Health

At least 8 weeks before your trip, check the latest country-specific health advice from the National Travel Health Network and Centre (NaTHNaC) on the TravelHealthPro website. Each country-specific page has information on vaccine recommendations, any current health risks or outbreaks, and factsheets with information on staying healthy abroad. Guidance is also available from NHS (Scotland) on the FitForTravel website.

General information on travel vaccinations and a travel health checklist is available on the NHS website. You may then wish to contact your health adviser or pharmacy for advice on other preventive measures and managing any pre-existing medical conditions while you’re abroad.

The legal status and regulation of some medicines prescribed or purchased in the UK can be different in other countries. If you’re travelling with prescription or over-the-counter medicine, read this guidance from NaTHNaC on best practice when travelling with medicines. For further information on the legal status of a specific medicine, you’ll need to contact the embassy, high commission or consulate of the country or territory you’re travelling to.

Under a reciprocal health agreement, UK nationals who live in the UK and who are on a short-term visit to New Zealand are eligible for immediately necessary healthcare under the health system on the same terms as citizens of New Zealand. You should show your UK passport when requested.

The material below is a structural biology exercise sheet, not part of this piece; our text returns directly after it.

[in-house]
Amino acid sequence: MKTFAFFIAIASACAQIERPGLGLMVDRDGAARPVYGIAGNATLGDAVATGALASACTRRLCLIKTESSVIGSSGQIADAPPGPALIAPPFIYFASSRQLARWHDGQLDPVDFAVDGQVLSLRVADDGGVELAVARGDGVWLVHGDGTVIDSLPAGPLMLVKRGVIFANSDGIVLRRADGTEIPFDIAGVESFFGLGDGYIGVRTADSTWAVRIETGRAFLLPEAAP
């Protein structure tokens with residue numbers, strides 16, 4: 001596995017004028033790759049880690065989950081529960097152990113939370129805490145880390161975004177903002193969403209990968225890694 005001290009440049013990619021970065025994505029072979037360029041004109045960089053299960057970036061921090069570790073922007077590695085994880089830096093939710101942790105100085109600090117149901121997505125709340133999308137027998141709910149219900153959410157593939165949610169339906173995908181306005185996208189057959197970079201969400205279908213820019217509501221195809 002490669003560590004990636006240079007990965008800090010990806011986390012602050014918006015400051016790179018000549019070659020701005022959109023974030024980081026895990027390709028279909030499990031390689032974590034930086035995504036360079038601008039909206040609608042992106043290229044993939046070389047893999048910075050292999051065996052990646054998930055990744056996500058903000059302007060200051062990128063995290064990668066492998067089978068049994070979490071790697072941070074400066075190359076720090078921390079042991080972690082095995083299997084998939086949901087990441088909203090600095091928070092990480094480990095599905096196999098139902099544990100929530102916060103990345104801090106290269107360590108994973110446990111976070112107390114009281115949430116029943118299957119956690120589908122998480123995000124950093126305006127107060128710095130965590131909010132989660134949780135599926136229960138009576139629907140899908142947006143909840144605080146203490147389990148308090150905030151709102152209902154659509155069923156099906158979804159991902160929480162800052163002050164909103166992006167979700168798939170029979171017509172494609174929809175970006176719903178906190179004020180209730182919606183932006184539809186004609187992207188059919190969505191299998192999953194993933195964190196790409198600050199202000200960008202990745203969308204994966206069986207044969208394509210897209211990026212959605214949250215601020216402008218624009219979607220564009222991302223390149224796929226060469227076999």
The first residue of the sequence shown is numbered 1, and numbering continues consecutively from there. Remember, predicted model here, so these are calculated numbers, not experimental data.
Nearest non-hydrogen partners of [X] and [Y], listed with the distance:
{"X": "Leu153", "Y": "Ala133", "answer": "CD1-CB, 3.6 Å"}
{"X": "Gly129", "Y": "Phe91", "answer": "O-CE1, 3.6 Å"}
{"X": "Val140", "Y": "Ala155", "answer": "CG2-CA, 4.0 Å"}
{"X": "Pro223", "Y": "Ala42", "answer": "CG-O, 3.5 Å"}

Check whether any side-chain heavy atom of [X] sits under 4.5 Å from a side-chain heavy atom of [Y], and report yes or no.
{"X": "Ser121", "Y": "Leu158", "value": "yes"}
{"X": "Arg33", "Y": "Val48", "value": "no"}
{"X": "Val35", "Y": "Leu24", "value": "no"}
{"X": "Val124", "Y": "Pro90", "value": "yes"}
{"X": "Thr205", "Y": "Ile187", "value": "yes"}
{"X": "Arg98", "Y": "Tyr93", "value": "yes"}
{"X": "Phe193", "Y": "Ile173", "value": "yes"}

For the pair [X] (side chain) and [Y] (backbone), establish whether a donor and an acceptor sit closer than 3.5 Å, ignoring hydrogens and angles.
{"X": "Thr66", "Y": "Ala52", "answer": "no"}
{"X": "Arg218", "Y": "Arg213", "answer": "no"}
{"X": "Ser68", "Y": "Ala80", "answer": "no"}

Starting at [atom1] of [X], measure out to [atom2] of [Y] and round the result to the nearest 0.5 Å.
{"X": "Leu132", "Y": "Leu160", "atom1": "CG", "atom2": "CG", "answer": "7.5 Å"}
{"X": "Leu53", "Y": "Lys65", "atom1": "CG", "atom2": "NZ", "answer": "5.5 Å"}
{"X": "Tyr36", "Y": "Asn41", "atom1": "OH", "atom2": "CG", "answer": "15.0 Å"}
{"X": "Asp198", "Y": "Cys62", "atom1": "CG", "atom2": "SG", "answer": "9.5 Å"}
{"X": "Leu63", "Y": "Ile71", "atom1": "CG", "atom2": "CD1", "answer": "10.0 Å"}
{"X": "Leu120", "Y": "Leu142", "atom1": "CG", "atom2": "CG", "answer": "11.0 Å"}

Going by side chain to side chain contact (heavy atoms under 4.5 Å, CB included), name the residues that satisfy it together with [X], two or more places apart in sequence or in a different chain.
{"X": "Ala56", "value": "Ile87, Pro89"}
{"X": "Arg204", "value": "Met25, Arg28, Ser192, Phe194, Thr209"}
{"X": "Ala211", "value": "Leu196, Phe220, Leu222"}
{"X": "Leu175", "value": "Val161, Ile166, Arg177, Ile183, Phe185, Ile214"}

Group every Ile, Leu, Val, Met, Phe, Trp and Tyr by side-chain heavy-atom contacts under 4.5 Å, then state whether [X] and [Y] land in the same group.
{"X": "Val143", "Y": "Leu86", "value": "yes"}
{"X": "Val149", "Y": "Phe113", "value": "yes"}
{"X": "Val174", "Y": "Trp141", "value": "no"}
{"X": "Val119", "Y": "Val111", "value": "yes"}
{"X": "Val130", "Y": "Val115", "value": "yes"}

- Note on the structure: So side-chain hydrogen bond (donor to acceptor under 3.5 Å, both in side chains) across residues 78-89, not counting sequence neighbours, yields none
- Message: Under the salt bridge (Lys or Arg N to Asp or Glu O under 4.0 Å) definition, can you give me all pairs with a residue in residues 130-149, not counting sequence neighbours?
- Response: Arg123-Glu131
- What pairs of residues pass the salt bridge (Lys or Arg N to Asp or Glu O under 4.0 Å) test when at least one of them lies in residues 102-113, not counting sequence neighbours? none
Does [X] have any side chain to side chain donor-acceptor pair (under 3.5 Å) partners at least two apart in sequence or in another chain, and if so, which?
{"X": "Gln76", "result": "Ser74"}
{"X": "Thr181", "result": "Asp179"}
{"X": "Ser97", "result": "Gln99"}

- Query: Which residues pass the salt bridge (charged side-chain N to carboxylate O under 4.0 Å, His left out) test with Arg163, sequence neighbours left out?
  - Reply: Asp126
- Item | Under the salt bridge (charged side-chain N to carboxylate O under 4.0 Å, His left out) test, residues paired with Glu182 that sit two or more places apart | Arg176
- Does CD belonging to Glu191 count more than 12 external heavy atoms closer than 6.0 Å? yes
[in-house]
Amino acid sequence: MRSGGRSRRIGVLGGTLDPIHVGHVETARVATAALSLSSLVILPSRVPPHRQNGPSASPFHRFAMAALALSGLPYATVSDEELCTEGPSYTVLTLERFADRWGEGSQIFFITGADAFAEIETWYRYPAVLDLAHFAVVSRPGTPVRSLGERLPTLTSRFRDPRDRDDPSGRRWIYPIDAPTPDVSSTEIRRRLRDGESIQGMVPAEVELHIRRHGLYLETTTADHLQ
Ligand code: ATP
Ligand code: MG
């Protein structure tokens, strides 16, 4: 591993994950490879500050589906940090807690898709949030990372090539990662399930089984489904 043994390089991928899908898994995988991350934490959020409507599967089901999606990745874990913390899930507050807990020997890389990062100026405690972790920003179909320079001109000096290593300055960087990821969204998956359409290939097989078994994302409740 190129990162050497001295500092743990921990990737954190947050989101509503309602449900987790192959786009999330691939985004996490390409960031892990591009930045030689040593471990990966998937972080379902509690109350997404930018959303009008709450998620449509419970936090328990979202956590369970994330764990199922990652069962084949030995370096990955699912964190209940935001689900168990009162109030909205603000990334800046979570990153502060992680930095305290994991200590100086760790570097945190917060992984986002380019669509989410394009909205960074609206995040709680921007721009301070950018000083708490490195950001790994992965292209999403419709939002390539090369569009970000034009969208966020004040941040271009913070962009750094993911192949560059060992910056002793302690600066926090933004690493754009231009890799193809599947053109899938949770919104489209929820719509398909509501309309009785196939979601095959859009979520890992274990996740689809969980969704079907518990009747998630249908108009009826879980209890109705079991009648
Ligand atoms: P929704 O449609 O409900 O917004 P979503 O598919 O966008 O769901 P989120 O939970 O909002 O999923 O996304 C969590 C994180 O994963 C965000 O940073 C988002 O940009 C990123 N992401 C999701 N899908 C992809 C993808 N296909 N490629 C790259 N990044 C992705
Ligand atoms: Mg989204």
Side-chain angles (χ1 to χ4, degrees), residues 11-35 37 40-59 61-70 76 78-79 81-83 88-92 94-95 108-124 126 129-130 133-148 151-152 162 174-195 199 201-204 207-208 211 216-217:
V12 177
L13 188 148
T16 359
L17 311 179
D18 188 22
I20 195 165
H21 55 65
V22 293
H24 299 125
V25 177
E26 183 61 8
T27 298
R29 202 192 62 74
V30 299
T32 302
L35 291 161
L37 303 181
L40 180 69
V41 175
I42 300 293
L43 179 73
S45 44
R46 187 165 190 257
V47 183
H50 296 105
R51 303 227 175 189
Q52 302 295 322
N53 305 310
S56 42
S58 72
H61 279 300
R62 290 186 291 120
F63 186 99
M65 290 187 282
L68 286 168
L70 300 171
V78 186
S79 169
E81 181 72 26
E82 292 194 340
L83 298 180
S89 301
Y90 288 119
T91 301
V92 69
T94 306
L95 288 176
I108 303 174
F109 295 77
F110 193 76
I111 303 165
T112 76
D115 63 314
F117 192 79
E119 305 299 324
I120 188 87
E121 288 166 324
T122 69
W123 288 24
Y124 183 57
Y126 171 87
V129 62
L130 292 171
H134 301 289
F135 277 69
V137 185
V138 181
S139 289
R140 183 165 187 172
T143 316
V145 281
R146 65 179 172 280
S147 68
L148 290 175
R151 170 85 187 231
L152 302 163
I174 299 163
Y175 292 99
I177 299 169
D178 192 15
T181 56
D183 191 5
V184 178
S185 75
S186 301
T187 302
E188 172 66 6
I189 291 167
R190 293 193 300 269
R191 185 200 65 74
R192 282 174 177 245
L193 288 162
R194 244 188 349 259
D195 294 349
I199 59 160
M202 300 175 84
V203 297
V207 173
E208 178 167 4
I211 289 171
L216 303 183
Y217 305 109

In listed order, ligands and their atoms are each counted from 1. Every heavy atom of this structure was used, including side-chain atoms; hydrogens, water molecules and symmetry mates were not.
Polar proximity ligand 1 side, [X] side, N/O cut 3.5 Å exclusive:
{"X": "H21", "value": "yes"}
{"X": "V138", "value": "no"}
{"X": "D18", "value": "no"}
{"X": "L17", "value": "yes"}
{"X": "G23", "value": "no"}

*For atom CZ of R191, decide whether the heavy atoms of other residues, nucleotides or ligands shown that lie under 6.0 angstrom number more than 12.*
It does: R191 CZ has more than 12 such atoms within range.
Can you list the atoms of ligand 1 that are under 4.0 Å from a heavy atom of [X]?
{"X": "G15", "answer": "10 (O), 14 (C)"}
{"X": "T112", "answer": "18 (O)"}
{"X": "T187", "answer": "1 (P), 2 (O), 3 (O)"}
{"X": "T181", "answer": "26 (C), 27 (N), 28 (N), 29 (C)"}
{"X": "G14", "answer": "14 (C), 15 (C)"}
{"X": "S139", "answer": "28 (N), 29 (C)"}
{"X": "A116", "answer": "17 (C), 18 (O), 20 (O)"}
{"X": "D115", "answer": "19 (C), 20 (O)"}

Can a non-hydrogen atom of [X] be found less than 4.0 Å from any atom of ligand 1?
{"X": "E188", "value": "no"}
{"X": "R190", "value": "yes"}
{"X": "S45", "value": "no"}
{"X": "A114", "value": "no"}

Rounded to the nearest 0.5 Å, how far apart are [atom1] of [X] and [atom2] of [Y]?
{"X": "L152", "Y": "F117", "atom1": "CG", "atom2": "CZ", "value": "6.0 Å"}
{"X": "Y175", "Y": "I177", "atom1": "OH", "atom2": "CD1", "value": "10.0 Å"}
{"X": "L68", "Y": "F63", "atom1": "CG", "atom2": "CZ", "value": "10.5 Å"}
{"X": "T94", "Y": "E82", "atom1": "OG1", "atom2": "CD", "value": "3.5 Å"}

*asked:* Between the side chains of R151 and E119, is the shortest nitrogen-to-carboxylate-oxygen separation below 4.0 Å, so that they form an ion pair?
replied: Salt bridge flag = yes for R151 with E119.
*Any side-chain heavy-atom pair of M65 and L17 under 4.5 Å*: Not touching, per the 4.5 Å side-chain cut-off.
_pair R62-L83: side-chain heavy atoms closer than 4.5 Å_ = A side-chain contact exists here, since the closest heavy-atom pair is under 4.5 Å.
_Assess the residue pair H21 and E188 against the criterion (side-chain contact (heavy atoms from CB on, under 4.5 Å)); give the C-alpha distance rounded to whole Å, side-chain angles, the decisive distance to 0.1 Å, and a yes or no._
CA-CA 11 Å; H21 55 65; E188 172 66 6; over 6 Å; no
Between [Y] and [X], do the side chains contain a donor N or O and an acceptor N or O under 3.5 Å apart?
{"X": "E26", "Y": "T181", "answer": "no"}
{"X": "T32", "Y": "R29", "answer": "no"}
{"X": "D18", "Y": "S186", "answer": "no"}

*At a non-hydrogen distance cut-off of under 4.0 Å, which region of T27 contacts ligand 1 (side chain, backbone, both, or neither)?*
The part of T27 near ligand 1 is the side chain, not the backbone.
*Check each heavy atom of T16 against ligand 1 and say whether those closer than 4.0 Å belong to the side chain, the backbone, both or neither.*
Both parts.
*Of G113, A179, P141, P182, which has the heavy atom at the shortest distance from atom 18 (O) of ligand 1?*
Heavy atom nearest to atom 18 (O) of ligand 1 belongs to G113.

Despite this reciprocal agreement and the Accident Compensation Commission you should make sure you have adequate travel health insurance and accessible funds to cover the cost of any medical treatment abroad and repatriation.

Medical facilities in the Cook Islands and the islands of Niue and Tokelau are limited. In the event of a medical emergency, evacuation to mainland New Zealand is likely to be the only option for treatment. Make sure your insurance policy covers this eventuality.

Mosquito borne viruses, including dengue, chikungunya and Zika, have been reported in the Cook Islands, Niue and Tokelau (although there have been no reported cases of Zika virus within the last 9 months). You should take suitable steps to avoid being bitten by mosquitoes. The type of mosquito that is able to spread these viruses isn’t normally found on mainland New Zealand.

Research has shown that asthma sufferers may be more at risk of an attack in New Zealand and sufferers should be suitably prepared.

If you need emergency medical assistance during your trip, dial 111 and ask for an ambulance. You should contact your insurance/medical assistance company promptly if you are referred to a medical facility for treatment.